One Man, Three Job Offers

joboffer

The 43-year-old product manager had three offers and faced the biggest decision of his career.

The experienced executive had spent many hours studying the operations of the two new companies and had endured the demanding interview process. The first offer was from a top-five global company, the second deal was from a smaller, privately owned EU company. Then at the last minute, his present company came to the party with a counter offer.

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The big name company had the most attractive pipeline. Many of the best people were rushing to join this company as mid-career hires. Nobody really doubted this top-five global company would be top three in Japan before the end of the decade. However, the offer was a little less than his present salary.

The smaller company had a questionable pipeline, but offered two million jpy more than his current annual salary. Certainly the money was very attractive, however, the company was a target for acquisition.

Now he had to consider an offer from his old firm. There were many internal difficulties, poor pipeline and on-going law suites in the US, which added to low morale in Japan. An increase in salary and a promise of a better position was attractive but nothing was in writing. Only after being told of his departure, did this company seem to appreciate his talents. His present company’s strategy was to pay 5-10 per cent above the market to keep its talented people.

A decision had to be made.

Salary versus pipeline? Changing companies? Negotiating and analyzing offers can be confusing and stressful.

There are a number of points he had to consider.

1. Company pipeline. Where is the company situated in terms of growth? Where is the company in world ranking v Japan? This will help determine the opportunity in Japan. If a company is ranked 10th in Japan but No.2 worldwide, this would indicate strong global resources and excellent opportunities in the world’s second biggest Pharma market.

2. Salary. How does it compare to my current position? How much will I take home in my pocket at the end of 12 months? Overtime should be taken into the equation.

3. Reporting line. Are you going to be working with someone who you can learn a lot from? Will he/she be a mentor?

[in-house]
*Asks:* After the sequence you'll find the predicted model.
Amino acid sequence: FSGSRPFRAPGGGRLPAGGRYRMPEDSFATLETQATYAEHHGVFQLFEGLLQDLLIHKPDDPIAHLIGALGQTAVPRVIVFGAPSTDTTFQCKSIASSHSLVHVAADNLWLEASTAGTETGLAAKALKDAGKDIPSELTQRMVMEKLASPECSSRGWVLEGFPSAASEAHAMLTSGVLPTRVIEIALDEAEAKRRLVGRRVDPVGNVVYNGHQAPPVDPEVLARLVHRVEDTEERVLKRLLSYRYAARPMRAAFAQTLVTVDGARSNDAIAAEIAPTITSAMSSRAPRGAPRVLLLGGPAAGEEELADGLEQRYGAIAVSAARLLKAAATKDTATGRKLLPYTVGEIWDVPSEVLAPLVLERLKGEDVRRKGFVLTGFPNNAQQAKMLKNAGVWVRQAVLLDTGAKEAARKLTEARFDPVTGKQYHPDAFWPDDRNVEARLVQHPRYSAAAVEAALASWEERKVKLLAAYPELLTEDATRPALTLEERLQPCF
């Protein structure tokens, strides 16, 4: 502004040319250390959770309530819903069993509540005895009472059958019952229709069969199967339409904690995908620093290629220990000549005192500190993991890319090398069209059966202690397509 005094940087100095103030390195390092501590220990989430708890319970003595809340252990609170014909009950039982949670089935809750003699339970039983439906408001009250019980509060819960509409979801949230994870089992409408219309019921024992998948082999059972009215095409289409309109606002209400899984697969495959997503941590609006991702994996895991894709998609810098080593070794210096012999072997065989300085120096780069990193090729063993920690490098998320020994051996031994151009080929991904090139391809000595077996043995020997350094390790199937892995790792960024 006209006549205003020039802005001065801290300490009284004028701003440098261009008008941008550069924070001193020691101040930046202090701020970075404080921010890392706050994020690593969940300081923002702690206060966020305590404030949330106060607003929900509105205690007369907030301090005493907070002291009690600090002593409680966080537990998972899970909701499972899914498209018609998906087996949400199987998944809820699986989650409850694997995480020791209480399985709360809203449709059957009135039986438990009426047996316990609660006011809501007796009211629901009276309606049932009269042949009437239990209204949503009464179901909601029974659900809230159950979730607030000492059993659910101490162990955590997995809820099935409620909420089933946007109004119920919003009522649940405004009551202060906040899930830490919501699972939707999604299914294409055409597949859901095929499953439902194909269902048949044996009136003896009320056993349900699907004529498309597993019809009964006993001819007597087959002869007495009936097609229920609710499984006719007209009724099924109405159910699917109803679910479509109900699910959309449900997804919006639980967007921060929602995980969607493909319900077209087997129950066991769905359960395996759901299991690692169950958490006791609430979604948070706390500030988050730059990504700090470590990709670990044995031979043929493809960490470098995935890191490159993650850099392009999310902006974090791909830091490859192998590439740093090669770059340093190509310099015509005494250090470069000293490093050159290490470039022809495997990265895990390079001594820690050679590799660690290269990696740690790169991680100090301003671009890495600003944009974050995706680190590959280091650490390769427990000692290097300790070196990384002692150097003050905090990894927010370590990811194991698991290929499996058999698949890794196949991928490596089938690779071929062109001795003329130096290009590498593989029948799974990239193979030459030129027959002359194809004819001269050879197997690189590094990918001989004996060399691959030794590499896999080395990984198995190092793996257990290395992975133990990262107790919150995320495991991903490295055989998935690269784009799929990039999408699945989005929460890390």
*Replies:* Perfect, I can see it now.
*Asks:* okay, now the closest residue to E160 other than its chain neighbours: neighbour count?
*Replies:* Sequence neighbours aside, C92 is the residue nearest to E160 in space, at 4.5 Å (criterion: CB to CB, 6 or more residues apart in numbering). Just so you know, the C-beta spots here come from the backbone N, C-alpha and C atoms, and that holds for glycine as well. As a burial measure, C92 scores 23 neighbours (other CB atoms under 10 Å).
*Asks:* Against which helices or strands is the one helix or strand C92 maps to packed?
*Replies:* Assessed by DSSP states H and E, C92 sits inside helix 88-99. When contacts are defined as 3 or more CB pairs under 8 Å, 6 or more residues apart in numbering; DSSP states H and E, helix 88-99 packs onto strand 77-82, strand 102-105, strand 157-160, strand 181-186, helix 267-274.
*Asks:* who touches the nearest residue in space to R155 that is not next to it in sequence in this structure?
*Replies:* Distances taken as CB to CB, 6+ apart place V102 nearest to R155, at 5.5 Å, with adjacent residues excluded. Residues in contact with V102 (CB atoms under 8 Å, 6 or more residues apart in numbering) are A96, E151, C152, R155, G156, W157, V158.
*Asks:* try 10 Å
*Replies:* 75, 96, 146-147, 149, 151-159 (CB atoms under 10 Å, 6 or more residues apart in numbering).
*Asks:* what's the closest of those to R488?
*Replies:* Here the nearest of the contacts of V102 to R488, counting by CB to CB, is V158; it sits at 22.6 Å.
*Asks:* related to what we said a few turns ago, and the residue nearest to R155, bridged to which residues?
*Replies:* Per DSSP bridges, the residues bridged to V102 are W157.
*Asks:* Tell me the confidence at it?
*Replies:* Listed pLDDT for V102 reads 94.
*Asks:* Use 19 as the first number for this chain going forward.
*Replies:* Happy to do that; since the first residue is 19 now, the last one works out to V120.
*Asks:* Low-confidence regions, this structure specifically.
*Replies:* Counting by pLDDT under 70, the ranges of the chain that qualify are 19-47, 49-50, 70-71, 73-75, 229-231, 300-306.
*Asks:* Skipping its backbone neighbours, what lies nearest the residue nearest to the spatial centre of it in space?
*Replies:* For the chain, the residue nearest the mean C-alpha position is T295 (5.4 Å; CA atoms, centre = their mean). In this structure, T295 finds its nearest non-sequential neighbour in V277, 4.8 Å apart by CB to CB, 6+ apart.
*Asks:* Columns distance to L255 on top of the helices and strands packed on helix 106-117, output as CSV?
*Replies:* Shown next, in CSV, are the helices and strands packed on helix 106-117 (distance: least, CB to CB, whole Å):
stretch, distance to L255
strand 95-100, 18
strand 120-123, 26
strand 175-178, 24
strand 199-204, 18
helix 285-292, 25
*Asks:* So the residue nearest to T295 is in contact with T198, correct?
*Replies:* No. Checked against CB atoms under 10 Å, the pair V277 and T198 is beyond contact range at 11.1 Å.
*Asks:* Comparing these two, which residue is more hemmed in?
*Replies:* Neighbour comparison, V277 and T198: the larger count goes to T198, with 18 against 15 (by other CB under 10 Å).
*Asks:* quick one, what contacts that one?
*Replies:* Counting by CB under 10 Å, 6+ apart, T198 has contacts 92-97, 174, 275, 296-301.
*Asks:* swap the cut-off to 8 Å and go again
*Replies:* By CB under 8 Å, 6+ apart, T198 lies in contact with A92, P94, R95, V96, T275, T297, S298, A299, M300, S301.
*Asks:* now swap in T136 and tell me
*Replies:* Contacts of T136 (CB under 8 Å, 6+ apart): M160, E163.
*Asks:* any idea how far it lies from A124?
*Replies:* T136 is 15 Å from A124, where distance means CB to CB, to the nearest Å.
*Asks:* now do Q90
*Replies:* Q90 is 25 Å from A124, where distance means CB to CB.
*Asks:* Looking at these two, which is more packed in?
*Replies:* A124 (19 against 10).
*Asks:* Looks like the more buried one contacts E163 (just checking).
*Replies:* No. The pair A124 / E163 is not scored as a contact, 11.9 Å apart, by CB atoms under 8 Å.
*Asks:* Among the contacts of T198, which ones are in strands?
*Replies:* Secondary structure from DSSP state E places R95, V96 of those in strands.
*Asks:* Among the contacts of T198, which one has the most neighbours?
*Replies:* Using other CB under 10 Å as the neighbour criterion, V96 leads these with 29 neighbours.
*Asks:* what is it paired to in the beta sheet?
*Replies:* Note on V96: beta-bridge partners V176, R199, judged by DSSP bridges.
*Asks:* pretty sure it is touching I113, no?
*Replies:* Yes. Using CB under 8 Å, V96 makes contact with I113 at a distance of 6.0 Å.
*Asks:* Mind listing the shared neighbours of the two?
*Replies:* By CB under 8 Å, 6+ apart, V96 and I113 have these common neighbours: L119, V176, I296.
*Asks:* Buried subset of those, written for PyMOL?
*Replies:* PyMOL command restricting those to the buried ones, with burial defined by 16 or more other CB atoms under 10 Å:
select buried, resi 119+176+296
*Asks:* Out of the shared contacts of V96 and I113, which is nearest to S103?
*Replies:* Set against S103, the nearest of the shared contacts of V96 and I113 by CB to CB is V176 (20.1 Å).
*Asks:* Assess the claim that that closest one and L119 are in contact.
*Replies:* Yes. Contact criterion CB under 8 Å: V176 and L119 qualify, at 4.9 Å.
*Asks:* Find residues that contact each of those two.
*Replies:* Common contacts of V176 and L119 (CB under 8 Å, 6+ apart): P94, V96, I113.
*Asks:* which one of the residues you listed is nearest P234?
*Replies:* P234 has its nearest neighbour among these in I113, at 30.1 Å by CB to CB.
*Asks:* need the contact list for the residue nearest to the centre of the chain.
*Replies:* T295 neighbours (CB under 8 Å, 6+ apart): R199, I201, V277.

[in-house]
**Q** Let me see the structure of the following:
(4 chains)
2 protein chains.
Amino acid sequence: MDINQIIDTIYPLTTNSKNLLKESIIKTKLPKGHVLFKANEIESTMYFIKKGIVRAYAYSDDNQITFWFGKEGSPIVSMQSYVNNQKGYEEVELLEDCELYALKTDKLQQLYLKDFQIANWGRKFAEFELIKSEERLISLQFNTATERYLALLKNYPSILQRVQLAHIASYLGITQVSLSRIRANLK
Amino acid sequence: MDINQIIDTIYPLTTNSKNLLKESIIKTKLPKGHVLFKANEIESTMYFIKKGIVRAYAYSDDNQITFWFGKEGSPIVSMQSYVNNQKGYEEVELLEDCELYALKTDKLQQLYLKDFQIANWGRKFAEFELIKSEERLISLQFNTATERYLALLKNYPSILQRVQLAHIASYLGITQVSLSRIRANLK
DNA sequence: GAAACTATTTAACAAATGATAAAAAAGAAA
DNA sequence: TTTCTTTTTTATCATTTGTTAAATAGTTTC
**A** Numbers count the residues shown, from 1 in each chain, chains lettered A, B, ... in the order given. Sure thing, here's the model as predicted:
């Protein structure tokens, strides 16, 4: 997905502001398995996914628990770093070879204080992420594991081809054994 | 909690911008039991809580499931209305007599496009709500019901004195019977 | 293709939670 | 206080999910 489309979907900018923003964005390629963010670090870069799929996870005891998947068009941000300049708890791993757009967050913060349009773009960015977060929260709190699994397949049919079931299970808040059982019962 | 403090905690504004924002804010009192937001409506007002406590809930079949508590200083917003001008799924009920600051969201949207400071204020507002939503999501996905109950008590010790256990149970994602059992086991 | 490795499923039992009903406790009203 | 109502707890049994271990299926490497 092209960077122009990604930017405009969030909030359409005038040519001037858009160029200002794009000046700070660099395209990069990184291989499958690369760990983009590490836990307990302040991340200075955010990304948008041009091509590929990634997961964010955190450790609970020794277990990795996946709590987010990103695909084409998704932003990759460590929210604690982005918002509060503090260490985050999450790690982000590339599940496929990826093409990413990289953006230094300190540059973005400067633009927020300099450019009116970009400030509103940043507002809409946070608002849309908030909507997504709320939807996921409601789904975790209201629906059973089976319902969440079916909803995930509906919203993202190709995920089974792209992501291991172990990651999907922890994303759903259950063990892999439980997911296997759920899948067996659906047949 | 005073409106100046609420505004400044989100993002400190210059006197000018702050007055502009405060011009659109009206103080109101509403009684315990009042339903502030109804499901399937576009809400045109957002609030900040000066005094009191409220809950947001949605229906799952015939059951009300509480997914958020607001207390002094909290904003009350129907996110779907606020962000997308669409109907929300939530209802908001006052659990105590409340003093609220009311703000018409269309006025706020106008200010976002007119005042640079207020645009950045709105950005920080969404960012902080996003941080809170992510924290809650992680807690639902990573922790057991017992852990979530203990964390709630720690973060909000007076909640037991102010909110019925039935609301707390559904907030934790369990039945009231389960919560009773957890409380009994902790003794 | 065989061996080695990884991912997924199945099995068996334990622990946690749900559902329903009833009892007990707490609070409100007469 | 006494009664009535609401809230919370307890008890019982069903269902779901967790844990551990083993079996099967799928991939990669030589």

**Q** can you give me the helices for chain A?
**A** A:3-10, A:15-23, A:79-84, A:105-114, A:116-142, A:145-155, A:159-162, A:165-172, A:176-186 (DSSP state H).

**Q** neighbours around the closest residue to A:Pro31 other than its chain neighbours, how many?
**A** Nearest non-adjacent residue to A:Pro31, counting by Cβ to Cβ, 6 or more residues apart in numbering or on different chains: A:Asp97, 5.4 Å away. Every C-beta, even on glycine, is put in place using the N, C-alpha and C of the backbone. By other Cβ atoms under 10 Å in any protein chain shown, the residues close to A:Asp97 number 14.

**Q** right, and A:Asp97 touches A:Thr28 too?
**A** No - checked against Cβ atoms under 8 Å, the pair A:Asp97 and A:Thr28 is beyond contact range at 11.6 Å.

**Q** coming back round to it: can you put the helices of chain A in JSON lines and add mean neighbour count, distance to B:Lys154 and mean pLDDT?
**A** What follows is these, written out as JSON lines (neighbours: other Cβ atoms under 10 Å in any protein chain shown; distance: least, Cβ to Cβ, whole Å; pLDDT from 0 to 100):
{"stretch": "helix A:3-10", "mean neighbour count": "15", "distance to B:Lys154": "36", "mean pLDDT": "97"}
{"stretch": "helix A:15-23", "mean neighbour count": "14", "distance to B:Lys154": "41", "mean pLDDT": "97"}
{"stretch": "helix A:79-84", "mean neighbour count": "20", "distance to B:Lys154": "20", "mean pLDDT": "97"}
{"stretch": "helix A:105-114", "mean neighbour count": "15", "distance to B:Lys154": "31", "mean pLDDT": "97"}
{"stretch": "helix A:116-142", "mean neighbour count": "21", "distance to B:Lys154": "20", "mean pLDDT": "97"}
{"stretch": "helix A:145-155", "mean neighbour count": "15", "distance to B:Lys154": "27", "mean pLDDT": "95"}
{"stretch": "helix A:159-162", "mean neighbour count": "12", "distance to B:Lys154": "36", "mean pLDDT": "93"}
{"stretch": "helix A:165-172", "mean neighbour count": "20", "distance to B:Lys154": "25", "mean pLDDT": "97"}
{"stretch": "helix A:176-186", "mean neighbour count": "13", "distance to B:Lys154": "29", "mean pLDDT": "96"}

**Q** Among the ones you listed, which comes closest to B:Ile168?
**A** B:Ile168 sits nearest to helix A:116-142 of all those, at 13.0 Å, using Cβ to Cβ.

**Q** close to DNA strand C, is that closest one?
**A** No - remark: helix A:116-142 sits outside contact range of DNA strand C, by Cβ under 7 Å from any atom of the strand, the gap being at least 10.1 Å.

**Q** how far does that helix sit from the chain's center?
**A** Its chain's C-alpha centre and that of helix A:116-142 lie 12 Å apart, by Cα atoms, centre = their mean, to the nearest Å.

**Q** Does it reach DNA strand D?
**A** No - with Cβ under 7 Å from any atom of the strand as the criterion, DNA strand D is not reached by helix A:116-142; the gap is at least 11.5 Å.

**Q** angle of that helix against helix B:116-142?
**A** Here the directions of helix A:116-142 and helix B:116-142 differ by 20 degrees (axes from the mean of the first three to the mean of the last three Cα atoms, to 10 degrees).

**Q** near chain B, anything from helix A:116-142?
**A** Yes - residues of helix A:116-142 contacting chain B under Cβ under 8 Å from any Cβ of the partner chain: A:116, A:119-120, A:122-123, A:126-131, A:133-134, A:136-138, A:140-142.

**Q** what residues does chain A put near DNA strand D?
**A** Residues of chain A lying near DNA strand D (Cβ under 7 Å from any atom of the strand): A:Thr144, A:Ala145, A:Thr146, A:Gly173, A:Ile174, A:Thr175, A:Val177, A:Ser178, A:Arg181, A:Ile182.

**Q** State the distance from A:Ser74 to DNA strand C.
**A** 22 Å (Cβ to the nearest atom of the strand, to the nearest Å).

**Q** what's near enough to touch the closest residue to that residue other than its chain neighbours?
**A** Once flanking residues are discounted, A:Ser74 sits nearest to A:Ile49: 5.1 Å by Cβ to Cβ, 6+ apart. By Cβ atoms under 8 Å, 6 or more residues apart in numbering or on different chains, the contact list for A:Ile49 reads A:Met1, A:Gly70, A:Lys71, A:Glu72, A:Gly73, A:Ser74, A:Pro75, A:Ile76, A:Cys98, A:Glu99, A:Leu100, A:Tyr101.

4. Career growth. Where will you be in three to five years? Will you learn new skills? Will you be challenged? Do you have a chance to manage people?

5. Accomplishments. Have confidence. What will you be able to accomplish at the new company? What can you accomplish in three to five years?

The product manager analyzed the three offers and went for less money but more opportunities.

At 43, he felt it was now time to join a strong marketing company with the chance of working on blockbuster products. By gaining experience in a growth company, the high salary of a smaller company would be there in the future.

The counter offer from his present company was quickly dismissed. “Too little, too late” he thought. “Why is it only now that I am leaving that I am getter a promotion?”

One way to help with this decision process is to fast forward your life three to five years. What would you like to be doing? What is your level of employment? Company environment?

Growth equals opportunity. Companies growing the quickest will have more opportunities and faster promotion opportunities. Within these companies, there are always new positions. Non-growth company employees have to wait for the senior person to leave or retire before a promotion is available. These jobs are then fiercely contested.

Companies that are changing and growing are attracting the top talent from other companies and offer the most interesting career opportunities. A growing company means the culture is not stagnant. With the acquisition of new companies and products, comes a new culture, which will add to the ‘melting pot’ nature of a growth company. Here are four questions that may help clarify your thoughts.

1. Is the company growing?

2. Are there new position?

3. Is the company changing through hiring new talent and acquiring new business?

4. Is the pipeline strong?


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